Feeling your best doesn’t just mean “looking good.” It means, first and foremost, cherishing and nurturing the body that you’re in. It means, instead of holding yourself to some standard of external beauty, holding yourself to a certain standard of self-care. Is there something you can do this year that will get you out of your head and into the “soft animal of your body”—even just for a moment? If so, my friend, I urge you to do it. The world around you will be better for it.
Amelia Earhart’s passion for flying must have deeply scared her husband and family. She must have known this, yet she chose to dedicate her life to it anyway. Then, what must have been her loved ones’ worst fear came true when she mysteriously disappeared over the Pacific Ocean on a flight around the globe. Was it OK for her to do that to her family? Was that an acceptable risk for her to take? Was that selfish of her? And would these question even come up if we were talking about a male adventurer?
With four weeks now until I start the Pacific Crest Trail, I’m feeling extremely appreciative of everything I know I’m about to go without for six months. How would you savor “normal life” if you knew you were about to lose it? Who would you make time time for? What would you say that you have been afraid to say?
When choosing any path in life, what you are actually choosing is how you are willing to struggle. Without struggle, you couldn’t fully appreciate the beauty of every little victory you experience along the way. So here’s to ritualizing our reverence for the good things we are about to give up for the great things we are about to gain.
We try to protect our daughters from the world by discouraging them from getting themselves into risky situations, but avoiding fear only hurts girls more. We need to encourage our girls to take risks, so that they learn how to objectively assess their own limits and boundaries in the face of fear. Only they can teach themselves how to react in scary situations by walking right up to the cliff’s edge of fear and then practicing navigating there.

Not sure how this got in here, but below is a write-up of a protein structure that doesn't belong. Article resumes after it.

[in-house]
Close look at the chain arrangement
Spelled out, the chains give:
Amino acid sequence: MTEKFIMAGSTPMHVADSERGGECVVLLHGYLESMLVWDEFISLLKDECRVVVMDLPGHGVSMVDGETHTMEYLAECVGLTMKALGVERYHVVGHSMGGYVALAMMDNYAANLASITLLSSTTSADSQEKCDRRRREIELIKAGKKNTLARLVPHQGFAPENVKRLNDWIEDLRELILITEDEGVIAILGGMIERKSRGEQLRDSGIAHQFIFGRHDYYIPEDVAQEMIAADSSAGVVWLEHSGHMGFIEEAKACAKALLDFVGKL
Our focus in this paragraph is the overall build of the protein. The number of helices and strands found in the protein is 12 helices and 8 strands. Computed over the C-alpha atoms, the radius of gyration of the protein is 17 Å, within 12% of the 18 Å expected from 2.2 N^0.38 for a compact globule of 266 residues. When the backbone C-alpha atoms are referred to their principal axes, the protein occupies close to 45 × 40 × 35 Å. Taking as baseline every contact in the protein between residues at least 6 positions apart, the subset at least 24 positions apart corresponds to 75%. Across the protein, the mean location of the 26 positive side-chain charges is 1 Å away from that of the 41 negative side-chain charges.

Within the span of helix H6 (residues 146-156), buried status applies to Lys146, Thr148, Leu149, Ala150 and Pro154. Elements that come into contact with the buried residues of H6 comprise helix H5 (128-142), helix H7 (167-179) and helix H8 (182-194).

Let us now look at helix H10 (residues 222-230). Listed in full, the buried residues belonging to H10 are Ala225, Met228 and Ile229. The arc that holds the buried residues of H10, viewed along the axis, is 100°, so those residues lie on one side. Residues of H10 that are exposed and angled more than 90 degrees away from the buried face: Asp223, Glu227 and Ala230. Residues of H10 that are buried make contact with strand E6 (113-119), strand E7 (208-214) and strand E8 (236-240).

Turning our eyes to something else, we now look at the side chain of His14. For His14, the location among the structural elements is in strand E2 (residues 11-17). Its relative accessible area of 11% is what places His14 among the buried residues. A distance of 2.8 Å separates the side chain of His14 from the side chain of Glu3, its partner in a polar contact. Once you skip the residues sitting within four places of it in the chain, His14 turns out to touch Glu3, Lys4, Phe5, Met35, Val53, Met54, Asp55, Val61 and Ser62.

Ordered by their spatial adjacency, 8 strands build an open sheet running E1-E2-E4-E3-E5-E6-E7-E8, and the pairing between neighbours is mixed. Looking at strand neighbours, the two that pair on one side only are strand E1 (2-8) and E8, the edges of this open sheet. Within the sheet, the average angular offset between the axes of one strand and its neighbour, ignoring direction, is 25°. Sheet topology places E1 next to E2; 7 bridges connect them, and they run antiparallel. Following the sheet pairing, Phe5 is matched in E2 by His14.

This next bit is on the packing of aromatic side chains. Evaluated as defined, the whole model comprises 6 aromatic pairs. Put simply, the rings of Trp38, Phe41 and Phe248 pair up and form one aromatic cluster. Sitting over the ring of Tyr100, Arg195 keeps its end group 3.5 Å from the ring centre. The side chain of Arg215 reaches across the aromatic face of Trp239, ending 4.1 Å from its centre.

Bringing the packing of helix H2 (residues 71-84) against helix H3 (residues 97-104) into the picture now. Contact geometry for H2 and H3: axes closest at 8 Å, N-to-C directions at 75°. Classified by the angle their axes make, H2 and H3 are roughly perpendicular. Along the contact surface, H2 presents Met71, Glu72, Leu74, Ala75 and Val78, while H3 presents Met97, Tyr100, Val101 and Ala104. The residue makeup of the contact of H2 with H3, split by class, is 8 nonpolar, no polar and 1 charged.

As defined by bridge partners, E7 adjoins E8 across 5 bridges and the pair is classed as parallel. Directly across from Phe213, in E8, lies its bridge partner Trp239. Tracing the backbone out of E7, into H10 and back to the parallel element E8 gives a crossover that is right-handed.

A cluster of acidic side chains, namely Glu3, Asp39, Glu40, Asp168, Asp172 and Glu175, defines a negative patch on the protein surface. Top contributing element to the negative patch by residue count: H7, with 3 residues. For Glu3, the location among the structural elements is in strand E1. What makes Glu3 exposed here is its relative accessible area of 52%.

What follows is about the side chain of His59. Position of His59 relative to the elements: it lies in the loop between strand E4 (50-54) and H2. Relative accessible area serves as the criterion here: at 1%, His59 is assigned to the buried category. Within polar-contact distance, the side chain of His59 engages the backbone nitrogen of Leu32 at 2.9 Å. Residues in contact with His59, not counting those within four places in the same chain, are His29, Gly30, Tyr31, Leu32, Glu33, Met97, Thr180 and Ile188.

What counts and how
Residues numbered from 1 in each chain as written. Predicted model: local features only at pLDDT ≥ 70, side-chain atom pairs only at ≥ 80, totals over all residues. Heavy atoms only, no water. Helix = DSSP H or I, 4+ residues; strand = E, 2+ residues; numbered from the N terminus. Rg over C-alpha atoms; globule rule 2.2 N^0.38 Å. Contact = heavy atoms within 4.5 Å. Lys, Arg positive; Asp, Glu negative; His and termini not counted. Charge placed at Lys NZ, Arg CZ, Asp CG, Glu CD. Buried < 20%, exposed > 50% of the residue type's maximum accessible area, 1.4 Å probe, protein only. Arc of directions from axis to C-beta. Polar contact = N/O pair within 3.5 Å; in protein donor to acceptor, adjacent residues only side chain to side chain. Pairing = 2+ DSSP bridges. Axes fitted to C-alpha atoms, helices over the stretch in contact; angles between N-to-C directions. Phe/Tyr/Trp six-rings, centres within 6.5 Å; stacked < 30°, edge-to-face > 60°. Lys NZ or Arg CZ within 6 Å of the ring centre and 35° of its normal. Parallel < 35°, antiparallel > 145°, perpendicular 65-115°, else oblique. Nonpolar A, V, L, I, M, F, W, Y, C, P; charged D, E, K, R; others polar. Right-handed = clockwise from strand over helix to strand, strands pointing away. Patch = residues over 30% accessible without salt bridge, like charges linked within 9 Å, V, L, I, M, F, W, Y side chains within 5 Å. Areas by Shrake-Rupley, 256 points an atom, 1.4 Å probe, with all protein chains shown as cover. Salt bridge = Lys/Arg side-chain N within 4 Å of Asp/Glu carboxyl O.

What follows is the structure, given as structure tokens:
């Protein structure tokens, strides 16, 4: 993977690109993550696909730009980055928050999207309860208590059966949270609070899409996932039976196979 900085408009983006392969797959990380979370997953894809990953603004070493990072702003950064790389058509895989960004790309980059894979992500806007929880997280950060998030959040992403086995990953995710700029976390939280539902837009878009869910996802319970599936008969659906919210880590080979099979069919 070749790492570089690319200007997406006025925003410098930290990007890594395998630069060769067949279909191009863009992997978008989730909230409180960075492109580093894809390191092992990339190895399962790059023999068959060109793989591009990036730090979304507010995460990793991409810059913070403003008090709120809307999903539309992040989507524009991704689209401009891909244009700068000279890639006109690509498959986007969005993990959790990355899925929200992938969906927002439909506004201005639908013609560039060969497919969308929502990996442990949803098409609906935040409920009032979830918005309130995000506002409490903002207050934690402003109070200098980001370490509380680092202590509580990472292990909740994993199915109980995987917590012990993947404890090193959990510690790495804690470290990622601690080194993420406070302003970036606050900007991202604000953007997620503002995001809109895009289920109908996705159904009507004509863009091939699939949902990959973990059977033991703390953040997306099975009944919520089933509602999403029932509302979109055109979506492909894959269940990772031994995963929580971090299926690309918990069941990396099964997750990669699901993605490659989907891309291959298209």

Feet are arguably the most important part of the body when it comes to hiking. Apparently, you will take 5 million steps over the course of a 2,000-mile through-hike. That’s no small feat! (Pun intended.) So here are a few things long distance hikers can do to prepare their feet for the journey ahead!
“Girl power” isn’t necessarily just for people assigned female at birth. It’s about embracing a Feminine understanding of the world in a culture that predominately celebrates a decidedly Masculine perspective.
If you’re into personal growth and overcoming extreme challenges, both a long distance hike and a meditation retreat are worth trying at some point in your life. However, after experiencing both, I’d choose a hike any day!
I will never forget the mind-blowing — even spiritual — experience I had when walking the 2.5-mile crest of the Franconia Ridge in the White Mountains of New Hampshire…
I’m thrilled to announce that I will be hiking the Pacific Crest Trail northbound from Mexico to Canada in 2018 to raise money for nonprofits that are helping children, especially young women, gain confidence in both themselves and in the outdoors.
Thanks to through-hiking, you learn that you can survive anything—as long as you believe in what you’re doing. However, if you want to be the kind of person who can keep your head down, obey authority even when you don’t agree, and “survive” a situation you don’t believe in (such as…well…mainstream society), through-hiking is NOT good training…
For many of us, the final days leading up to finishing a through-hike and returning to civilization are a confusing mix of relief and terror. But there was one predominant emotion I felt upon finishing my through-hike–I felt like the luckiest person alive…